Sonic Charge Permut8 Sound Mangling

YouTube Preview Image

Sonic Charge has introduced Permut8, a new VST / AudioUnit that lets you modulate, manipulate and mangle your audio in countless ways.

Here’s what Sonic Charge has to say about Permut8:

Permut8 is an effect plug-in that embraces the sounds of primitive signal processing hardware. At its core is a 12-bit digital delay with variable sample rate from 0 to 352 khz. The delay is controlled by a programmable processor that allows you to change and modulate the delay time with various “operators”. The input and output stages offers virtual analog components for saturation, limiting and filtering. The sound of Permut8 is raw and complex but noisy and warm at the same time.

Permut8 is available now, for Mac & Windows, for $66. A trial version is also available.

Sonic Charge Permut8 “Excels In Digital Noises Of All Kinds”

Sonic Charge has announced Permut8, their first new VST / AudioUnit since Bitspeek last year.

Here’s what they have to say about Permut8:

Permut8 is an effect that can take on many forms. It is one of those products that is hard to describe in a couple of sentences. The kind that a marketing department would hate (luckily we have no marketing department at Sonic Charge).

It excels in digital noises of all kinds, but can also sound warm and lush. It can do conventional delay effects and it can create circuit bent mayhem from hell. Perhaps more important than what it does is how it does it.

Permut8 gives you a number of primitive operators that you combine in different ways to manipulate the playback position on a delay-line. This runs on an imaginary vintage digital processor with 12-bit A/D D/A conversion and variable clock frequency from 0 to 352kHz. On top of this you will find a number of “analog” components for filtering, limiting, saturation and more.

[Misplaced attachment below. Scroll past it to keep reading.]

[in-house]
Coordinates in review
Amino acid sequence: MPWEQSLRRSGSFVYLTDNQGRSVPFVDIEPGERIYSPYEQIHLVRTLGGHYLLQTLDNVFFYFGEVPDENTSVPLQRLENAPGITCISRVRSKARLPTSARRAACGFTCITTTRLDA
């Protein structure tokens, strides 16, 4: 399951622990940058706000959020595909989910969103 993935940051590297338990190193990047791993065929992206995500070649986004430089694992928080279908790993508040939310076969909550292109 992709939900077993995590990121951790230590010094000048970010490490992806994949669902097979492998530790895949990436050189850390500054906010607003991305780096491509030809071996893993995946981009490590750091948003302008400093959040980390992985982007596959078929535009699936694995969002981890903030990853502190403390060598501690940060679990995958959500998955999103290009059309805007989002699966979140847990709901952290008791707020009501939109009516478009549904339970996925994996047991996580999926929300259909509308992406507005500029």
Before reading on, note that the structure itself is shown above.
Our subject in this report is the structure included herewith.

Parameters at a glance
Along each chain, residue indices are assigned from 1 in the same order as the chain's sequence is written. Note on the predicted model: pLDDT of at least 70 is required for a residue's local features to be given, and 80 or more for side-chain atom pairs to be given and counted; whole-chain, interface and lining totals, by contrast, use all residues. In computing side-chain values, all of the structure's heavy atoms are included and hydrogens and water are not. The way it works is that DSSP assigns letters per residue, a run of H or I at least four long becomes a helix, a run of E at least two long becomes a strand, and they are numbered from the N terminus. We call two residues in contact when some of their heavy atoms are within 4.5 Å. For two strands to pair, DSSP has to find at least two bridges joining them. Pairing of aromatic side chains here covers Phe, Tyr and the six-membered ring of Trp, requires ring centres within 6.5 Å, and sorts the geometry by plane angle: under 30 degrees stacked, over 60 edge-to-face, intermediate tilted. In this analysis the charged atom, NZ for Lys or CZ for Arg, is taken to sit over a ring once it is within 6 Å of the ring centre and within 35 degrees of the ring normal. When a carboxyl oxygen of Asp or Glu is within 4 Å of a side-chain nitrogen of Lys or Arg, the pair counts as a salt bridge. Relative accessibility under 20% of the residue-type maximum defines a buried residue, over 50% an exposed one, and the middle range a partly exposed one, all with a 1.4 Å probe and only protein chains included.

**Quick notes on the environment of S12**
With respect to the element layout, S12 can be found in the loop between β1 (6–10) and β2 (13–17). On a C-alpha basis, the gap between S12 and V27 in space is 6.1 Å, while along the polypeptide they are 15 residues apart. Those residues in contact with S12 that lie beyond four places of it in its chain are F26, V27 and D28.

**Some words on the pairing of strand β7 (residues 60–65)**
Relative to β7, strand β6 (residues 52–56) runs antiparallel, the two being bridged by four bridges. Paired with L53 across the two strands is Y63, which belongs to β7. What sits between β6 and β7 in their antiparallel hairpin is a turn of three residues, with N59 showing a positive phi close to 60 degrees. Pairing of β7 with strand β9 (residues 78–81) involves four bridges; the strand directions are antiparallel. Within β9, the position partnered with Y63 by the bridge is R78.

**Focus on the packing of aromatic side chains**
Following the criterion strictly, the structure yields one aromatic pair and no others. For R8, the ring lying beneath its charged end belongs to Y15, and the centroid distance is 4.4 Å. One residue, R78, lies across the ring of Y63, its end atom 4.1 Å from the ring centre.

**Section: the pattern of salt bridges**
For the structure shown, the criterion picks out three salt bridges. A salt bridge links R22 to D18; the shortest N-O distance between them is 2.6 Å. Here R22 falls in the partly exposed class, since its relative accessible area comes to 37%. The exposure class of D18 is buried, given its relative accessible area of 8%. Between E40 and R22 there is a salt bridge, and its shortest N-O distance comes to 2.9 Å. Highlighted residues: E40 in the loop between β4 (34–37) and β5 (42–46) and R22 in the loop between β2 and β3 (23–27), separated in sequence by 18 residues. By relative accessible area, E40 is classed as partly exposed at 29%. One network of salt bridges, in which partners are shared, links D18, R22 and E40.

Did that sound complicated? Permut8 is complicated, but it is also a product that is designed for experimentation and happy accidents, and boy do they happen often. Bring your crash helmet.

Continue reading

Rack Extensions For Reason – Developers Offer Their Take

YouTube Preview Image

This official video, via PropellerheadSW, features some of the developers working on Rack Extensions for Reason and Reason Essentials offering their take on the new format.

Featured developers include Rob Papen, Magnus Lidström (Sonic Charge), Urs Heckmann (U-he), Dave Spiers (GForce), Kurt Kurasaki (Peff), Angus Hewlett (FXpansion) and others, along with Propellerhead’s Ernst Nathorst-Böös.

Propellerheads Rack Extension Details From A Developer’s Perspective

YouTube Preview Image

The biggest news out of Musikmesse 2012, at least for Propellerhead Reason users, was the announcement of Rack Extensions -a new format that opens up the Reason Rack to third-party developers.

Rack Extensions are full Reason rack citizens, giving users the same experience with third party extensions as with any other Reason device. This includes the ability to load them in Reason’s Combinator, route audio and CV cables on the back, automation of all parameters, copy/paste devices and signal chains, and experimentation with the safety of unlimited undo.